The majority of metastatic colorectal cancers (mCRC) are mismatch repair (MMR) proficient and unresponsive to immunotherapy, whereas MMR-deficient (MMRd) tumors often respond to immune-checkpoint blockade. We previously reported that the treatment of colorectal cancer preclinical models with temozolomide (TMZ) leads to MMR deficiency, increased tumor mutational burden (TMB), and sensitization to immunotherapy. To clinically translate these findings, we designed the ARETHUSA clinical trial whereby O6-methylguanine-DNA-methyltransferase–deficient, MMR-proficient, RAS-mutant mCRC patients received priming therapy with TMZ. Analysis of tissue biopsies and circulating tumor DNA (ctDNA) revealed the emergence of a distinct mutational signature and increased TMB after TMZ treatment. Multiple alterations in the nucleotide context favored by the TMZ signature emerged in MMR genes, and the p.T1219I MSH6 variant was detected in ctDNA and tissue of 94% (16/17) of the cases. A subset of patients whose tumors displayed the MSH6 mutation, the TMZ mutational signature, and increased TMB achieved disease stabilization upon pembrolizumab treatment.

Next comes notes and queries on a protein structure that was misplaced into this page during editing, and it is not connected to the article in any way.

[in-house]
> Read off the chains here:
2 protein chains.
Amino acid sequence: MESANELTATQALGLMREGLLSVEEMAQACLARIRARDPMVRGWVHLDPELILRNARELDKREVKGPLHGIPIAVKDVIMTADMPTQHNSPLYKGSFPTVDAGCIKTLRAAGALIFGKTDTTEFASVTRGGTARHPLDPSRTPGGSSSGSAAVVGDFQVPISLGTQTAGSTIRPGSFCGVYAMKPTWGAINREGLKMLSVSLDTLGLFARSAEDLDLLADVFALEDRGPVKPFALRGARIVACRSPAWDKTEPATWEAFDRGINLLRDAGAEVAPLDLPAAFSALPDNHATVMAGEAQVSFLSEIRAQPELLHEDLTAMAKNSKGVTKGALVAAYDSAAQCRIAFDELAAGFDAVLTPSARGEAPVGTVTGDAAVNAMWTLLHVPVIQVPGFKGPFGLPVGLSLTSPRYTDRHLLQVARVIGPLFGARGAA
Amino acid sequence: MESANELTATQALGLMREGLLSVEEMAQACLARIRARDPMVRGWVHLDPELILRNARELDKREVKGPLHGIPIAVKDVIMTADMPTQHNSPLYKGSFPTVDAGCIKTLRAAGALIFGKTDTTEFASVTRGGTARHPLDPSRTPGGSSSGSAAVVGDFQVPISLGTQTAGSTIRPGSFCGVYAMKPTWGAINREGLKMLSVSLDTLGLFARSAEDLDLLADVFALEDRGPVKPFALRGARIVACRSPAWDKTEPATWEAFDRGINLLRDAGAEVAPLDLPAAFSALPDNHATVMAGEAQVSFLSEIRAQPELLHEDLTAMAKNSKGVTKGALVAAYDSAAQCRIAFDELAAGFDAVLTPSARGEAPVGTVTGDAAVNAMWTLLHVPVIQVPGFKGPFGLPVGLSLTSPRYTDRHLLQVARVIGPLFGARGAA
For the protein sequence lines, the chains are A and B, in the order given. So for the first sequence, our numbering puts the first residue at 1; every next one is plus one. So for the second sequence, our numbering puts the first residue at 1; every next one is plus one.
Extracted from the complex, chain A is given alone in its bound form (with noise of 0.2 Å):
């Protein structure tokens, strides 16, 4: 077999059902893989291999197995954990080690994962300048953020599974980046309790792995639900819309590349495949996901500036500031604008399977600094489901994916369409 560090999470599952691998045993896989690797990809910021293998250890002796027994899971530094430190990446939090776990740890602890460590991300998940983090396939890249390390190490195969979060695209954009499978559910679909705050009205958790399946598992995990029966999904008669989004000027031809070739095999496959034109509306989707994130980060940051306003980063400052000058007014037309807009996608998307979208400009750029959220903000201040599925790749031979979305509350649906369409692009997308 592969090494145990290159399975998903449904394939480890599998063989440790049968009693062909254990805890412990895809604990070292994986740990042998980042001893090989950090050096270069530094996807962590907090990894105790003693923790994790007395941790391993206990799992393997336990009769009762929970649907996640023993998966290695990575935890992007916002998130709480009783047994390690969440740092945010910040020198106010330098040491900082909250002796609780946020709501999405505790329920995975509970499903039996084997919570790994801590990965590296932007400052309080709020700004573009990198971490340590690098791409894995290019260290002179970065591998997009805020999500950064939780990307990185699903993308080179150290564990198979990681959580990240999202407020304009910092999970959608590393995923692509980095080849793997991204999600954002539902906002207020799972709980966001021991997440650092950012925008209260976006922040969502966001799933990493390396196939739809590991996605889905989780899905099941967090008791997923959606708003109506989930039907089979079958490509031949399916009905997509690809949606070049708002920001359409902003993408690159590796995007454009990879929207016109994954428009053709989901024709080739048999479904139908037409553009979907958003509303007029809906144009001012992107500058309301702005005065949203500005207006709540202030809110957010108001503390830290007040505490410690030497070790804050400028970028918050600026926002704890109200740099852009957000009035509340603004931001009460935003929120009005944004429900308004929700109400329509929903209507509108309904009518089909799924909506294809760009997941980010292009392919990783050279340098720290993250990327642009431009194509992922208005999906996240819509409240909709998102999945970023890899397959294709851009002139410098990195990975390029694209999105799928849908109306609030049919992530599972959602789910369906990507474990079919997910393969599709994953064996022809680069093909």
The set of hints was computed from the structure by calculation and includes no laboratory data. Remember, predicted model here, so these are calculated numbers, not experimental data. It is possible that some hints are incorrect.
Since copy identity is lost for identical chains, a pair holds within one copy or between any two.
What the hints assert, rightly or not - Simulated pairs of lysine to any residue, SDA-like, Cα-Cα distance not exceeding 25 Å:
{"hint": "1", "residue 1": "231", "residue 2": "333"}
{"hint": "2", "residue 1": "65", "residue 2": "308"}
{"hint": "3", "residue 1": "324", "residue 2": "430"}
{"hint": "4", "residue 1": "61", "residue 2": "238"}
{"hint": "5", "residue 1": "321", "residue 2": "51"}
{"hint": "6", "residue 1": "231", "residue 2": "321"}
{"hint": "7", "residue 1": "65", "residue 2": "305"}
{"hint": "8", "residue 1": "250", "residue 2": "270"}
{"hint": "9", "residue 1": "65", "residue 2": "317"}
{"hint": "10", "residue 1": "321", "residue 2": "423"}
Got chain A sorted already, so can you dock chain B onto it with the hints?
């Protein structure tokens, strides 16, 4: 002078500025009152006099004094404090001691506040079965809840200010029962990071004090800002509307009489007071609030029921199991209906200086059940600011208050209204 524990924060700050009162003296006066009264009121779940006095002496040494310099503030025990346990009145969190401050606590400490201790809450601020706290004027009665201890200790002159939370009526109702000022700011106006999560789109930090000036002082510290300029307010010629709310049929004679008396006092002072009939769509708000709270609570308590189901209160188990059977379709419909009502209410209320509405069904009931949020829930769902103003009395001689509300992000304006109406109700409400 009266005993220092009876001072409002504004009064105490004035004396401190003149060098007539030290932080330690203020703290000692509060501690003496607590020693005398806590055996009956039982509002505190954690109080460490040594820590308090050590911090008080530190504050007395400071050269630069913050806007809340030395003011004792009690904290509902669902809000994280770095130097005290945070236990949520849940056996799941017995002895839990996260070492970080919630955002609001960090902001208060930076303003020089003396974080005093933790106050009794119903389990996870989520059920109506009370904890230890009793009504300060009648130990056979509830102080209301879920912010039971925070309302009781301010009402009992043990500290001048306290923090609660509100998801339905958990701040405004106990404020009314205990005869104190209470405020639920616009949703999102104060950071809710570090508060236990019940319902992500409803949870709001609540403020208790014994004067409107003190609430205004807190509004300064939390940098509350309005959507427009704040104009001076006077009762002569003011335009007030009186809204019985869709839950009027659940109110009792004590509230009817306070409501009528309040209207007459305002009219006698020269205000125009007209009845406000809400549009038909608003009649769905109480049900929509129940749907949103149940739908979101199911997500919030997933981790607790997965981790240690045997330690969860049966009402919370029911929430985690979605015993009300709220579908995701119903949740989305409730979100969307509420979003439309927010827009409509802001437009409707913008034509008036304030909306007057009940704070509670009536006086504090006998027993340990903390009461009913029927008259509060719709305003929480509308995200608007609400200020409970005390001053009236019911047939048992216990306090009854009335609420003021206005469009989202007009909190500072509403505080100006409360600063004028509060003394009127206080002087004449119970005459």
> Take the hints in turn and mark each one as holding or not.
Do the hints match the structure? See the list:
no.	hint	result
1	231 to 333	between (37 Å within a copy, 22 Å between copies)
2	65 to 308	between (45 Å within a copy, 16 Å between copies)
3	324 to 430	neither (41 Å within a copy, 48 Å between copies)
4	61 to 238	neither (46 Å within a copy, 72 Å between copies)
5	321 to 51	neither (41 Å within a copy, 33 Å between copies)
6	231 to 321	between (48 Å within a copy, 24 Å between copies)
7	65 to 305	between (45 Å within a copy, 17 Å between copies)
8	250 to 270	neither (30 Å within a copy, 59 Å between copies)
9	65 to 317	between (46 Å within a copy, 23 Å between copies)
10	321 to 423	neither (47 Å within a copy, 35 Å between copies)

MMR-proficient mCRCs are unresponsive to immunotherapy. We provide the proof of concept that inactivation of MMR genes can be achieved pharmacologically with TMZ and molecularly monitored in the tissue and blood of patients with mCRC. This strategy deserves additional evaluation in mCRC patients whose tumors are no longer responsive to standard-of-care treatments.

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